Games Review: Deus Ex: Human Revolution

Deus Ex is one of the great classics of PC gaming – a highly regarded critical darling from back in the midsts of time spoken of in hushed whispers. A less successful sequel, Invisible War, didn’t make much of an impact when released and the IP passed into distant gaming legend, so when Eidos Montreal announced they were working on a prequel, it was met with a mix of anticipation and fear that a beloved franchise was about to be subjected to the “modern treatment”.

You start Deus Ex: Human Revolution as the Head of Secuity for Sarif Industries, a near-future corporation specialising in Augments, or human cybernetic enhancement. After a break in by heavily augmented terrorists to the company HQ, you end up rebuilt, six-million-dollar-man style, and sent on a quest to find out the who, and why of the attack. This takes you in a maze of conspiricy and deceit involving those closest to you…

DX:HR is a complicated game. Visually it looks very much like a cyber-punk themed shooter, but the gameplay is heavily build on steath;  gunfire is very quickly lethal to you, and a run’n’gun approach simply won’t work – the game gives you plenty of alternative approaches, melee take-downs and silent options and positively encourages a non-lethal approach, even to people who are hunting you down.  It makes for a very tense game, crouched behind desks waiting for guards to move into the right places for you to move, or drop one, and mistakes can be brutally punished as you are hunted down by a pretty decent (but not quirk-less) guard AI.

Most reviews of DX:HR will point a finger at the games most obvious flaw, it’s Boss Fights. There are four in total, three of which feel totally at odds with the rest of the game. Instead of having multiple avenues to approach the problem, you are simply locked in a room with a boss trying to kill you. Whilst I don’t think they’re bad boss fights in their own right, they jar so horribly with the rest of the gameplay they are an exercise in frustration, especially if you have spent your precious upgrade points on stealth and hacking augments. The final boss fight feels more in tune with the rest of the game but is also too easy because of it – I’m not sure boss fights were the way to go at all, to be honest, as some of the games non-boss setpieces are excellent and challenging.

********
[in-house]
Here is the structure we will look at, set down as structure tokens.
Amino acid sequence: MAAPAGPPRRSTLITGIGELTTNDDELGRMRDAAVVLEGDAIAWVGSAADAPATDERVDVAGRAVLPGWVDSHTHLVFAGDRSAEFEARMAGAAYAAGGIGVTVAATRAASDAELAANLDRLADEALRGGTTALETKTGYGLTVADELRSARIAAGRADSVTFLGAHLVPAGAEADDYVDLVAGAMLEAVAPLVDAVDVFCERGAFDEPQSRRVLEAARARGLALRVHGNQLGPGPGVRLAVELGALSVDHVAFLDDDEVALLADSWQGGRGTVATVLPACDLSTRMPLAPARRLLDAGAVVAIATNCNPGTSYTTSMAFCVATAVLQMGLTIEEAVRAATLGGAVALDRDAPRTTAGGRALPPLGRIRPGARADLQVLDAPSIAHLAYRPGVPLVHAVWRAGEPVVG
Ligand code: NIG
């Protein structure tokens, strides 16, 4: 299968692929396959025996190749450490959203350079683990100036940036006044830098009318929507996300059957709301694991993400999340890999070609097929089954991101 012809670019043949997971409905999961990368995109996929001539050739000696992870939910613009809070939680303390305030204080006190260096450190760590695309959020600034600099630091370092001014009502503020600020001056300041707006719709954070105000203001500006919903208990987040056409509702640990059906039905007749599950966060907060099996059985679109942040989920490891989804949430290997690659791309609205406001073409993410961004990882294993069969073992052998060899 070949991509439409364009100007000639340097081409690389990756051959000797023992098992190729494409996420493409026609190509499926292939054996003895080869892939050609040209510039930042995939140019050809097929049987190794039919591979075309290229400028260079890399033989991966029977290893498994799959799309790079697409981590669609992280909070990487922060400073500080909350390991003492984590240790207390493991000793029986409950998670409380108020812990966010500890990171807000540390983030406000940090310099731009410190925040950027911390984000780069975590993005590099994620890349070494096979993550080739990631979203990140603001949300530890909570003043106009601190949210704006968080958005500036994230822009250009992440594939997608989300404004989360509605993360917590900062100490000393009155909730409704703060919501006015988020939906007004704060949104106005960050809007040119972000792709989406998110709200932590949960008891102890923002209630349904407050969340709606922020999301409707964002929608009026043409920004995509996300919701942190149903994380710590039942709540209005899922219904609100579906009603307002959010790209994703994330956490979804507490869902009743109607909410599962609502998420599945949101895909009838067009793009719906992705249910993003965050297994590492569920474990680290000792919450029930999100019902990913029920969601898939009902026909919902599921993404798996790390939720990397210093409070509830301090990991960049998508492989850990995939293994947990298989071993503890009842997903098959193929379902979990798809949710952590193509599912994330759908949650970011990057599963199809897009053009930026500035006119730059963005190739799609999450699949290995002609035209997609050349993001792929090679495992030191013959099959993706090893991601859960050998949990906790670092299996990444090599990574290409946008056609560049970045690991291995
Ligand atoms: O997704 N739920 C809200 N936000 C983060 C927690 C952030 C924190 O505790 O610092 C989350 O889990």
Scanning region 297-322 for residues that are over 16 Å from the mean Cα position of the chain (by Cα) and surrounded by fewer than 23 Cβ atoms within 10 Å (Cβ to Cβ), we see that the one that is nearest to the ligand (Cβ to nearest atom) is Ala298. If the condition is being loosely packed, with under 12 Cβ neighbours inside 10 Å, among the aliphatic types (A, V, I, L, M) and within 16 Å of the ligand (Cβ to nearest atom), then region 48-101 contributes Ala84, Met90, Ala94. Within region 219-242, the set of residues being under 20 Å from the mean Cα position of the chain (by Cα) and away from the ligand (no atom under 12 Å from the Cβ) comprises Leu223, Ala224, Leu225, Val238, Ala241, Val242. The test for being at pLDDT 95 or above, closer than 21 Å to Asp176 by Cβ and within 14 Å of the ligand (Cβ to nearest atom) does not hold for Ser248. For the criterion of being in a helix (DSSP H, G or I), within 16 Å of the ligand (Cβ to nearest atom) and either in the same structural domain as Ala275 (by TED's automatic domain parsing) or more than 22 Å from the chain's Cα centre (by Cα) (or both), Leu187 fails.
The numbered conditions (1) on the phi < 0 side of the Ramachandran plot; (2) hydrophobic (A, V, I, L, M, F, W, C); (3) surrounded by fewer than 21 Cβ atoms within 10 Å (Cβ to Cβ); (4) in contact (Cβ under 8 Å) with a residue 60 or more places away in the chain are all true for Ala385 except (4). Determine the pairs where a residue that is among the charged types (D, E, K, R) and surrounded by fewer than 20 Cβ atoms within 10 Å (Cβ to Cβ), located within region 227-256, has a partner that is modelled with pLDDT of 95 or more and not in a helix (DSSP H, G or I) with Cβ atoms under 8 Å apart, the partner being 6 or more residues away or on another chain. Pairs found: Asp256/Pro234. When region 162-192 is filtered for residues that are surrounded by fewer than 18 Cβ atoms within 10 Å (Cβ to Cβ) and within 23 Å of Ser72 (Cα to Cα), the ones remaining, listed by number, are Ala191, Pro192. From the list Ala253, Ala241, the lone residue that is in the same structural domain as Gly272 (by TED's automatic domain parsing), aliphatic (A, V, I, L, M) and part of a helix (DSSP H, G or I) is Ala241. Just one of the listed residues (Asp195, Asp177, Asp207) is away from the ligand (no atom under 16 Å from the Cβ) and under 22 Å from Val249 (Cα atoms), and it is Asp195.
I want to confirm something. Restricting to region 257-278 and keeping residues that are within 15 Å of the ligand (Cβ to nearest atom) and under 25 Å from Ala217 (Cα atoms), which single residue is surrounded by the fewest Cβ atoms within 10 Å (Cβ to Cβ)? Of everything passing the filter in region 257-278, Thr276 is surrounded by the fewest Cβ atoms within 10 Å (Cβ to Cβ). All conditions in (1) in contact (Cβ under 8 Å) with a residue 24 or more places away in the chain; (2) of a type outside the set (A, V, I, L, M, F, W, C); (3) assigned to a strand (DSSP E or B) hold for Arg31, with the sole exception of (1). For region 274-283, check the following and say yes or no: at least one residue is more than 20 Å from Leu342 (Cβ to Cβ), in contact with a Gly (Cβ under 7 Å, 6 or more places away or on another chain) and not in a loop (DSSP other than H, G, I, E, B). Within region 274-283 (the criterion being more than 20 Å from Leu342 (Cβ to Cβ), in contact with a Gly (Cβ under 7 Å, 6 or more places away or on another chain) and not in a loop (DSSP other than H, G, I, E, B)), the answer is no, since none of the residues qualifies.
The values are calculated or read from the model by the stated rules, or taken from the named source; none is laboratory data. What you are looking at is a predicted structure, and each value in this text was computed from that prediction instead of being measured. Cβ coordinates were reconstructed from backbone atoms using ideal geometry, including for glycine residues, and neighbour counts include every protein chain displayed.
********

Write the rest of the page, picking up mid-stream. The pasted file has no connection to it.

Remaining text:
But what really makes DX:HR for me is the stuff that goes on around you as you play. This is a game that is interested in talking about stuff; about morality, about freedom, about Transhumanism. Big stuff, for a computer game, and they’re presented through books and newspapers scattered around the game as well as being integral to the plot and to the various conversations you have with the games NPCs. It wants you to think about these things, and stays focused on them, and its fantasically compelling to play through a game which treats like you’ll have more interest than just getting to the next checkpoint and blasting some more aliens.

Overall, the odd niggle, and it’s frustrating Boss Fights notwithstanding, Deus Ex: Human Revolution is a fantastic game, a nuanced and smart vision of a future atmospherically realised. It’s flat out brilliant, and well worth the time spent playing it.

Deus Ex: Human Revolution is available now on PC, PS3 and xbox360.

GS Rating: 5/5
GS Review: Matt

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  1. Couldn’t agree more. Loved this game. Every second of it drew me in. The first DLC should be out this month too.

    I was doing a stealth / hack playthrough on hard and didn’t struggle too much with the boss-fights though. In fact the third I managed to defeat with one button press.

    Apparantly those fights were developed by a separate studio and it seems they didn’t quite grasp the concept of the game.

    • dwgrampus /

      yeah they’ve said the boss fight in the DLC should be more in keeping with the rest of the game.

      one press? you cad! i just ran around the arena blazing away with a laser cannon. which felt…wrong…

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